Martin Shkreli is one interesting dude. I didn’t think I would come across anyone that could garner almost as much hatred as everyone’s favorite blonde-haired, big-mouthed, billionaire presidential candidate, but Shkreli might just prove me entirely wrong.
This past Thursday morning, Shkreli arrived on Capitol Hill for an engagement that was not memorable enough for me to justify the time I spent curled up in bed in a Nutella fueled rage watching it Friday night. What I can justify, however, is the time I spent afterwards delving into Shkreli’s (very strange) life, in and out of the spotlight.
He started off as your regular “I want to be on Wall Street” college student. There really wasn’t anything special about Shkreli, minus the fact that while everyone else usually wants to be on Wall Street to make money, Shkreli dropped out of college as soon as he had enough credits to get hired at a hedge fund and then proceeded to draw the attention of the SEC by predicting the rise and fall of stocks too accurately. Honestly, if I knew I could read financials well enough to know exactly when a major biotech company’s share price would fall, I would probably drop out of school too.
What I like to think I wouldn’t do, however, is pretty much anything Shkreli proceeded to do after starting his second hedge fund, MSMB Capital Management — one of the two firms he’s now undergoing investigation for securities fraud. Not that this is where Shkreli’s notoriety stems from. Instead, his time in the spotlight came long before his arrest and subsequent indictment for accusations surrounding the notion that he ran a ponzi-like scheme while at MSMB Capital Management and Retrophin. You (along with most normal people that haven’t spent hours researching his life on Wikipedia) have probably heard of Shkreli for his actions as a class A pharma bro.
Turing Pharmaceuticals, yet another Shkreli-headed venture, bought a drug called Daraprim, used to treat toxoplasmosis, a disease that can be fatal to H.I.V. patients. Not long after buying the drug, Turing raised its price from less than $20 per tablet to $750 per tablet. In the judgement of many, experts and otherwise, this price was way too damn high. Experts called the increase “unjustifiable” while others took to online forums to express their opinions in less controlled language. Shkreli, at first, said he would lower the price, doing little to pacify his critics (One headline: “Martin Shkreli Lowers Drug Price, Is Still an Asshole.”) And not too long after, he said he wouldn’t — increasing outrage and thus leading many to label him a “pharma bro,” a characterization of the greedy American medical industry.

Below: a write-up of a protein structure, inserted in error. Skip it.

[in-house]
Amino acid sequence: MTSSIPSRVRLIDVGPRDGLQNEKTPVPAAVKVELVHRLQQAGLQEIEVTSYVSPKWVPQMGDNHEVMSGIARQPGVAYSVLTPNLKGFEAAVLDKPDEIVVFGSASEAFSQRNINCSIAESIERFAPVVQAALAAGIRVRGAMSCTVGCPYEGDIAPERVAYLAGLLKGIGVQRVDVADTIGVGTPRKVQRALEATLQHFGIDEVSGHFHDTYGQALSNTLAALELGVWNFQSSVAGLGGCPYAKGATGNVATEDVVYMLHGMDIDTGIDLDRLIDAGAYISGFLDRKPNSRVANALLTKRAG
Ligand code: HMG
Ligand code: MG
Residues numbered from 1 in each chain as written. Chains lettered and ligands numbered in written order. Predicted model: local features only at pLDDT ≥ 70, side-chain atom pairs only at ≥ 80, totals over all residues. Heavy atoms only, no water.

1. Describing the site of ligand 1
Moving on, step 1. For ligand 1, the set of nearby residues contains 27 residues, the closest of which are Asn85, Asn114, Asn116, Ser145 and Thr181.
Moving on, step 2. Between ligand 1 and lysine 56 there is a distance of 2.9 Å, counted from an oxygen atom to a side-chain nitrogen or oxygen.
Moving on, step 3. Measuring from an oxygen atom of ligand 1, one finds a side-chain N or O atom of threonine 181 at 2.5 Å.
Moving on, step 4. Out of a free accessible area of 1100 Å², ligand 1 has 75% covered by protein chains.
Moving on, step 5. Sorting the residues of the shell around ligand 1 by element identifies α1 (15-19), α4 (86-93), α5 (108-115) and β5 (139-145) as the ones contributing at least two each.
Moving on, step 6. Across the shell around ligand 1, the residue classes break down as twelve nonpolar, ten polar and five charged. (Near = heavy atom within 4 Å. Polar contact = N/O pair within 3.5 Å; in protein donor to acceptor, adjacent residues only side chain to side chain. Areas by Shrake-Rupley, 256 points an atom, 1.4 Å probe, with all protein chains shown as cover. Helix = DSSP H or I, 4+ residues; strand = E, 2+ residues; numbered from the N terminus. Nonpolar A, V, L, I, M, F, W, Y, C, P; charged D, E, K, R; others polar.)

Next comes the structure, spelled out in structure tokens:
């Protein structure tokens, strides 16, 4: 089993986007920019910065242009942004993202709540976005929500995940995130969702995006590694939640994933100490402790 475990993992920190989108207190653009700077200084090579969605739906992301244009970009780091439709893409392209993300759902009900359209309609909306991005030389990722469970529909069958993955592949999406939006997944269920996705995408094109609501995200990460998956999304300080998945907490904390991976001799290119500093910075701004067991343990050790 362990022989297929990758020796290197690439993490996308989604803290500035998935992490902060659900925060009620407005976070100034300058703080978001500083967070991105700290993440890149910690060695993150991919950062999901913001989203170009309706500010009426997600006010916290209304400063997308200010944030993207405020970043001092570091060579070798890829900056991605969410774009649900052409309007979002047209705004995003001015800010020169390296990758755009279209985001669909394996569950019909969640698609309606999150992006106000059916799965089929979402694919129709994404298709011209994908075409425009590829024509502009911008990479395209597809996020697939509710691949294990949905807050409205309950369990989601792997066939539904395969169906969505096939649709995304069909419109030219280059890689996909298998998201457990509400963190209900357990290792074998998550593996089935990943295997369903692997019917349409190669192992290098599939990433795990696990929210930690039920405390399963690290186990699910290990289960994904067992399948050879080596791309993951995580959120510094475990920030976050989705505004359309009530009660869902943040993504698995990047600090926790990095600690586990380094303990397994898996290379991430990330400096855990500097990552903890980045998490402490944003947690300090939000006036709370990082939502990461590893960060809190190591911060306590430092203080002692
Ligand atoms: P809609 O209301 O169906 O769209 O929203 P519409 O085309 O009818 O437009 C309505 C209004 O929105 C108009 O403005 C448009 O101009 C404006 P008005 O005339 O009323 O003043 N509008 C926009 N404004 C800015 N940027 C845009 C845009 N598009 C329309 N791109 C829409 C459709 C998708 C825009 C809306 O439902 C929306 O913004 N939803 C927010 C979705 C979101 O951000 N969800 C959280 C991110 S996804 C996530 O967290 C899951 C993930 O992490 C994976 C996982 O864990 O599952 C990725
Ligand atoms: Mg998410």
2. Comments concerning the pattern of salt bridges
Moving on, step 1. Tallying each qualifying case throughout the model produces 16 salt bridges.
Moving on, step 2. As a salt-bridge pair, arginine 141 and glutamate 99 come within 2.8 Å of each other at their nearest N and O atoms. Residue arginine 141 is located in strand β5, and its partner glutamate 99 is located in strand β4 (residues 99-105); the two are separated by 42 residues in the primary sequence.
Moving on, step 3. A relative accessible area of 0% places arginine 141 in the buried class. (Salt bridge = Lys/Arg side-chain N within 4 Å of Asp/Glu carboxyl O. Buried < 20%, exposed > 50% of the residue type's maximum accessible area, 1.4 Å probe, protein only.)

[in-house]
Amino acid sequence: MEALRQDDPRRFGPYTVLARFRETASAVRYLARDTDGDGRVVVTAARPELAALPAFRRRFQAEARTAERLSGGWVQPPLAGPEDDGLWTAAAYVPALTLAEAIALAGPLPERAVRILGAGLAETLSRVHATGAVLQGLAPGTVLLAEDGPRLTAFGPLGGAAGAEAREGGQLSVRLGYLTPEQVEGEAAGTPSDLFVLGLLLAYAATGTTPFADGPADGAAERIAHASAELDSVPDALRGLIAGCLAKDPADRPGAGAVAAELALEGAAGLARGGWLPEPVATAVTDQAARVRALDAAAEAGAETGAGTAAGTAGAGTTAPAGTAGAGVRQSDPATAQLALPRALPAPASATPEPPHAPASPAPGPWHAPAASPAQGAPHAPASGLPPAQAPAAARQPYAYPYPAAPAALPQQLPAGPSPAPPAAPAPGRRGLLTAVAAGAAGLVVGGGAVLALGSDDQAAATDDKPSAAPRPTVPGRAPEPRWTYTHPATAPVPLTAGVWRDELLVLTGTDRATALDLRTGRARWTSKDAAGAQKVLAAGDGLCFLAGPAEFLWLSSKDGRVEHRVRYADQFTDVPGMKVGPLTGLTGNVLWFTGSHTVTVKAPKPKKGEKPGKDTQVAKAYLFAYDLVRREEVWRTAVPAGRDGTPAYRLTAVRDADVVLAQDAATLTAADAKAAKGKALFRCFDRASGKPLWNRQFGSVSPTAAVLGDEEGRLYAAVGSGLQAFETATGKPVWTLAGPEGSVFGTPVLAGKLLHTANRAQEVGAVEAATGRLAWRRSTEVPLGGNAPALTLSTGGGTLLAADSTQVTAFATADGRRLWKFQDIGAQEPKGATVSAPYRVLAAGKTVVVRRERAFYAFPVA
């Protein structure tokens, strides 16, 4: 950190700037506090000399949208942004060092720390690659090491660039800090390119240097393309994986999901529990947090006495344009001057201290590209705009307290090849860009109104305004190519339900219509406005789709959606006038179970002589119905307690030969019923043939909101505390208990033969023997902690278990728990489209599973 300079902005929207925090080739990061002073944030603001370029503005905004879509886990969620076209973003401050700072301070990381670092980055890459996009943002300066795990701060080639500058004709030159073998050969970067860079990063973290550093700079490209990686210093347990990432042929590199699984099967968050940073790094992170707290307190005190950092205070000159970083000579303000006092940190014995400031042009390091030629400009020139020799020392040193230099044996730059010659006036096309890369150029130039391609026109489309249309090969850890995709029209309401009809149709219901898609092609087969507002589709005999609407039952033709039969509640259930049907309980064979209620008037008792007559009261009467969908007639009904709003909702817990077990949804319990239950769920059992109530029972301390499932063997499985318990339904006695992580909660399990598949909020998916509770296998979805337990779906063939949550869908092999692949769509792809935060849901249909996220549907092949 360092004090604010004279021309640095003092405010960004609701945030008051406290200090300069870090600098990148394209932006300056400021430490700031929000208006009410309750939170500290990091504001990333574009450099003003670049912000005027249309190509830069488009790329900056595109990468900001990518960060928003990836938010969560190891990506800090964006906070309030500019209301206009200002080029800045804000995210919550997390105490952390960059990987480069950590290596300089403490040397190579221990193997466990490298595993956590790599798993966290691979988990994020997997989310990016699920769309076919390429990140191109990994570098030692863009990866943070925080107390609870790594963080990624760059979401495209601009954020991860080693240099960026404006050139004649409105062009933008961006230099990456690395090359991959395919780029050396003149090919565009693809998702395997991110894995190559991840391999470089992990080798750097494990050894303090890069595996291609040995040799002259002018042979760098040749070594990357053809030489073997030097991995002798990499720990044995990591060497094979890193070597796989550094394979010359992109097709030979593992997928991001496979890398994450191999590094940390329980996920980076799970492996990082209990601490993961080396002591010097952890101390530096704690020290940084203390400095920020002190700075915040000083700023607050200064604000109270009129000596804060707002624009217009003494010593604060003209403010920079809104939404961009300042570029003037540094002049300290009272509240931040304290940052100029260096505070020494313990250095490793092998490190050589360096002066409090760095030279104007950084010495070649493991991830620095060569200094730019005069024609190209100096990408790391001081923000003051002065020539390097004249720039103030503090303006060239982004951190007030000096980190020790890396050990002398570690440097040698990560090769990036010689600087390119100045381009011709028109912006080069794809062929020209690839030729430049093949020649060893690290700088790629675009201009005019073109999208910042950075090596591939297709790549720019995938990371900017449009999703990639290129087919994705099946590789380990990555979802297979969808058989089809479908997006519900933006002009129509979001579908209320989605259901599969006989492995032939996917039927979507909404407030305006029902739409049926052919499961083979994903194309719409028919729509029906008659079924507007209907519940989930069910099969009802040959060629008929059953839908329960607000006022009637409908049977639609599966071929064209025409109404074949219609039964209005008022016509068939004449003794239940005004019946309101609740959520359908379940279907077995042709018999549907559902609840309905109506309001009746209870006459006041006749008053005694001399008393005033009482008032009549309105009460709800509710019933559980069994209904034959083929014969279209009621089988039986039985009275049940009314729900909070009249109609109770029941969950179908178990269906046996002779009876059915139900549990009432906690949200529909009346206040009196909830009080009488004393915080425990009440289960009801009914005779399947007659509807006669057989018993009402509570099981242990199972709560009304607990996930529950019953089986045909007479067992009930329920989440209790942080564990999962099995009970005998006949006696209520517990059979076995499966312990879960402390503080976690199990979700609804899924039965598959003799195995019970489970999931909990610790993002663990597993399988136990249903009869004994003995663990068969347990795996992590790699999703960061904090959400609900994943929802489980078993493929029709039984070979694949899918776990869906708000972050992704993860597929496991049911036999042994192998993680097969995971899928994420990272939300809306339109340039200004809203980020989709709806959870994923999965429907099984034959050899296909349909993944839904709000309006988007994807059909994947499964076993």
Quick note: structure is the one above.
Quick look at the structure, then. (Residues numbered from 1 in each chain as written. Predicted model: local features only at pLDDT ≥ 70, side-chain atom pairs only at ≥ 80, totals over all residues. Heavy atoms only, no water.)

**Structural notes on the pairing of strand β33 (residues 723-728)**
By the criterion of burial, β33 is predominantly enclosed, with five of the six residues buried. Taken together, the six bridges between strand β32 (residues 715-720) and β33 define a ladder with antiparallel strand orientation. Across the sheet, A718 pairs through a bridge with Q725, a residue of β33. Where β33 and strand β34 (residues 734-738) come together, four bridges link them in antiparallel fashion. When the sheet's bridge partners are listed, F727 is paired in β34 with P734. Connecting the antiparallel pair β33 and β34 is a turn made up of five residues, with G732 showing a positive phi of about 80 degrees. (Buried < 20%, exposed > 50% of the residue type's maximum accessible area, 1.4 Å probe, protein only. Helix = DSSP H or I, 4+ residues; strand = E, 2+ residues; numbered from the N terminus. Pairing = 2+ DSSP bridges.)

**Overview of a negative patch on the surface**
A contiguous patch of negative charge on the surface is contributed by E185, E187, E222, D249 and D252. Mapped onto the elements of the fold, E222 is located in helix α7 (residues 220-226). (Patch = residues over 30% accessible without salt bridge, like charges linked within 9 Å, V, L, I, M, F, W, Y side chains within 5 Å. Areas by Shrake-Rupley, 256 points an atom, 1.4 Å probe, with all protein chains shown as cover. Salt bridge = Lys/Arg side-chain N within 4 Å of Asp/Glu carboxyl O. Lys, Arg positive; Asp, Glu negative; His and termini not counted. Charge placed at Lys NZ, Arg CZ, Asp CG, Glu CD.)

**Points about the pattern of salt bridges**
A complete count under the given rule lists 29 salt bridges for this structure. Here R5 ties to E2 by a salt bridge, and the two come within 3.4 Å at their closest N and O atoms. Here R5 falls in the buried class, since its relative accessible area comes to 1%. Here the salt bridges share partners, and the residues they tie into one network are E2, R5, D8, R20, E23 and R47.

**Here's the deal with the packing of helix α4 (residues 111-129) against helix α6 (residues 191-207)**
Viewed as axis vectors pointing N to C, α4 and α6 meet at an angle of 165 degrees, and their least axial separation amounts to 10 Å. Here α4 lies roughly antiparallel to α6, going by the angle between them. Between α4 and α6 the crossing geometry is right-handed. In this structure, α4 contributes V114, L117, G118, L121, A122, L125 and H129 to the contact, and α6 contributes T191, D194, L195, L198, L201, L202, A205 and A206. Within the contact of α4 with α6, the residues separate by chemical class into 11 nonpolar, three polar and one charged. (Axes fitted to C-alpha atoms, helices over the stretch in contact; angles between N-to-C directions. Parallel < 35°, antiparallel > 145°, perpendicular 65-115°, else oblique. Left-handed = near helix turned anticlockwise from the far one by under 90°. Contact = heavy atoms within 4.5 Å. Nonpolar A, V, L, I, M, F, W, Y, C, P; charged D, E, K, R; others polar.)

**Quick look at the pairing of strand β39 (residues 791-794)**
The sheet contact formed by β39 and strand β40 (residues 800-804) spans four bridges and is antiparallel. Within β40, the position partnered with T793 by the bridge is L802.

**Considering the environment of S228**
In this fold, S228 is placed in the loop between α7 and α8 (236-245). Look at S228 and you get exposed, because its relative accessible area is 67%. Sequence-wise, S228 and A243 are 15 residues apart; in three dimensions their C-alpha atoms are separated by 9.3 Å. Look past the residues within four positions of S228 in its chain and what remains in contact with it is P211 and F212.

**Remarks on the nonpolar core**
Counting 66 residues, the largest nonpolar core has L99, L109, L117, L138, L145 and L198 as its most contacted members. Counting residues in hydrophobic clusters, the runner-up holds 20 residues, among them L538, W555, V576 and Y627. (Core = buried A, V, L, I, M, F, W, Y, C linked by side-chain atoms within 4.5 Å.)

I’m not sure I would use the word “bro” to describe Martin Shkreli, especially not during interviews and his recent House committee hearing. “Awkward,” “uncomfortable” and “kind of a douche” are terms I would use to more accurately describe Shkreli. He speaks with little to no regard for anyone who can’t understand why higher prices and therefore higher profits would benefit the industry and patients alike. For those of you that can’t figure out why jacking up the price of a drug almost 40 times the original price works in favor of patients, it’s because the profits can be used to fund additional research and development (not that anyone will be held accountable for apparent results).
As for Shkreli’s time in front of the House Committee on Oversight and Government Reform last week? Like I mentioned in passing earlier, it was in relation to his indictment on several counts of fraud relating to the hedge funds he co-founded. Even the hearing itself took a turn for the ridiculous as Shkreli chose to invoke his right to the fifth amendment in response to most questions he was asked, including those related to the one-of-a-kind, two million dollar Wu Tang Clan album he bought and the subsequent feud that occurred with the Clan’s greatest rapper, Ghostface Killah.
My point in bringing up Martin Shkreli and his really weird life today was not to simply detail his saga as it as played out over time, especially in the past week. Instead, Shkreli is as interesting as he is to me for the argument that he invokes. “One of the strangest things about the anti-Shkreli argument is that it asks us to be shocked that a medical executive is motivated by profit. And one of the strangest things about Shkreli himself is that he doesn’t seem to be motivated by profit — at least, not entirely,” outlines a recent article in The New Yorker. A truly profit hungry medical executive would have kept a lower profile than Shkreli did — rather than jacking up the price hundreds of dollars in a matter of days, he or she would’ve gradually increased the price over longer periods of time, maintaining anonymity so as to avoid flashy headlines.
Shkreli is interesting to me for showing us what is legal so we may consider what we need to change moving forward. Keep in mind, Shkreli is not facing a federal indictment for what people are most enraged about. He is not facing indictment for what Rep. Elijah Cummings (D-M.D.) decided to spend his allotted time during the questioning reprimanding him for. He is in the public eye for a reaction other than rage, and it would do well for the American people to keep that in mind as they look to elect representatives in the future.